“This report also highlights the need to consider how decision makers can help facilitate the growth of women’s sport by considering its strategy of how to use digital channels to reach new audiences, as Sky Sports have done with their netball coverage on YouTube, and use social media to build fandom around both athletes and teams.
“And be it enhancing the scheduling of women’s sport, to give more prominent broadcast slots and better onward journeys for viewers, including signposting to other women’s sport content, or reducing some of the barriers faced by the media in trying to tell women’s sport stories, this report highlights significant opportunities for growth in the coming years.”
The research also highlighted that women’s sport still needs to address building greater habit and repeat viewership. When looking at the % of viewers, based on 3-minute reach, who watched a property on more than one occasion, women’s sport lags behind men’s sport at present.
45% of the Women’s Hundred audience watched the competition on television on more than one occasion, in comparison to 35% during the 2021/2022 WSL season so far (vs 31% during the WSL season in 2020/21). This compares to 55% for the Men’s Hundred, 57% for Premiership Rugby during the 2020/21 season and 87% for the Premier League last season.
Other highlights from the research include:
- Interest in female athletes is driving interest in sport in general but this is mostly led by individuals rather than teams
- Emma Raducanu featured in four of the top ten most visited women’s sport stories on Sky Sports’ website in 2021. In September 2021, there were 8 million UK Google searches for Raducanu, in comparison to just 250 back in May.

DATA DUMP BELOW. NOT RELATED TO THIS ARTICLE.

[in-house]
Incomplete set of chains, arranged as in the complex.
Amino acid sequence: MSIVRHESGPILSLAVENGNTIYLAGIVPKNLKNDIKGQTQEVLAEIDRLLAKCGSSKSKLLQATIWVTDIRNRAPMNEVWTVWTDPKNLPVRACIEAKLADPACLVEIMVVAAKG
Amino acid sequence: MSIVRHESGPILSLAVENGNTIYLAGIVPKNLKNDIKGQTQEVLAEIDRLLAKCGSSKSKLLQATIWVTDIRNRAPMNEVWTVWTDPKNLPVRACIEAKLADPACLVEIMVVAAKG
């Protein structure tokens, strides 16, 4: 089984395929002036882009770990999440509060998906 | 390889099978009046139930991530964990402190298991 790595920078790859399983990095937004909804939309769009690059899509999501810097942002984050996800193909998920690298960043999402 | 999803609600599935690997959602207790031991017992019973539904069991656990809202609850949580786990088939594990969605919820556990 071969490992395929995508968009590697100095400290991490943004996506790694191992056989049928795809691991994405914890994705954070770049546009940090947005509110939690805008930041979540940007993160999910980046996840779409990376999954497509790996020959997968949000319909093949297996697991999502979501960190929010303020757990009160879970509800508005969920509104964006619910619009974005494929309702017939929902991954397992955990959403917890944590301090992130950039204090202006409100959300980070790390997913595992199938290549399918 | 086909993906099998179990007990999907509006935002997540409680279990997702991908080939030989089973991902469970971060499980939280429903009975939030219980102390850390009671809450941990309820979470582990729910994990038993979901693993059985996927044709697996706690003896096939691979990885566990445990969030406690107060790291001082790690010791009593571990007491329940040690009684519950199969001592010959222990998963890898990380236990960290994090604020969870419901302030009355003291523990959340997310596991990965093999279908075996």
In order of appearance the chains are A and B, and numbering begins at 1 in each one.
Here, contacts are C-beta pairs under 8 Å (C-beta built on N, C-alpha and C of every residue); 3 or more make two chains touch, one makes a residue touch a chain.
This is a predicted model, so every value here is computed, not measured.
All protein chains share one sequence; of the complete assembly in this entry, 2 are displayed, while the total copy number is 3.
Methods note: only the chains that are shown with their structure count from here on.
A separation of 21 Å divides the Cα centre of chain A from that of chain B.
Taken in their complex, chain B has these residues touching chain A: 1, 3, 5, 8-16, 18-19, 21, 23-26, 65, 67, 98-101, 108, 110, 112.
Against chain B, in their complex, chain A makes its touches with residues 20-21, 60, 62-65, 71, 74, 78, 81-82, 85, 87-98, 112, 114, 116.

- Peak searches in a week for Fallon Sherrock in the past few years have been higher than for any man in darts
- The importance of using different platforms to attract different audiences:
- Broadcasting: the audience on Sky Sports YouTube Netball Live channel (74% female vs 26% male, 32% aged from 25-34), which achieves average watch times in excess of 27 minutes, is very different to the Sky Sports TV audience (26% female vs 74% male)
- Followers and engagement: Chelsea’s women’s Instagram interactions in 2021 were higher than 12 of the men’s teams that play in the Premier League in the 2021-22 season and achieved a 77% year-on-year increase in growth. Arsenal, Chelsea and Man Utd’s women’s teams’ instagram accounts all had more interactions in 2021 than seven of the Instagram accounts dedicated to men’s Premier League teams
- Major events continue to be of interest to a female audience
- Major mixed events attract the highest % of females watching. Wimbledon and the Tokyo Paralympic Games both had the highest % of female viewers from major events with 57%, closely followed by the Tokyo Olympic Games with 52% of females
- Major events drove digital interest from females – female web consumption reached a peak of 35% during the summer on Sky Sports.
*Women’s sport covers female specific properties, such as the FA WSL, The Women’s Hundred and the Netball Superleague. Men’s sport covers male specific properties, such as EPL, The Men’s Hundred and Formula 1. All other events, where both male and female athletes/teams are involved, are categorised as mixed, e.g., the Olympics and Wimbledon.
** This data was corrected in November 2022.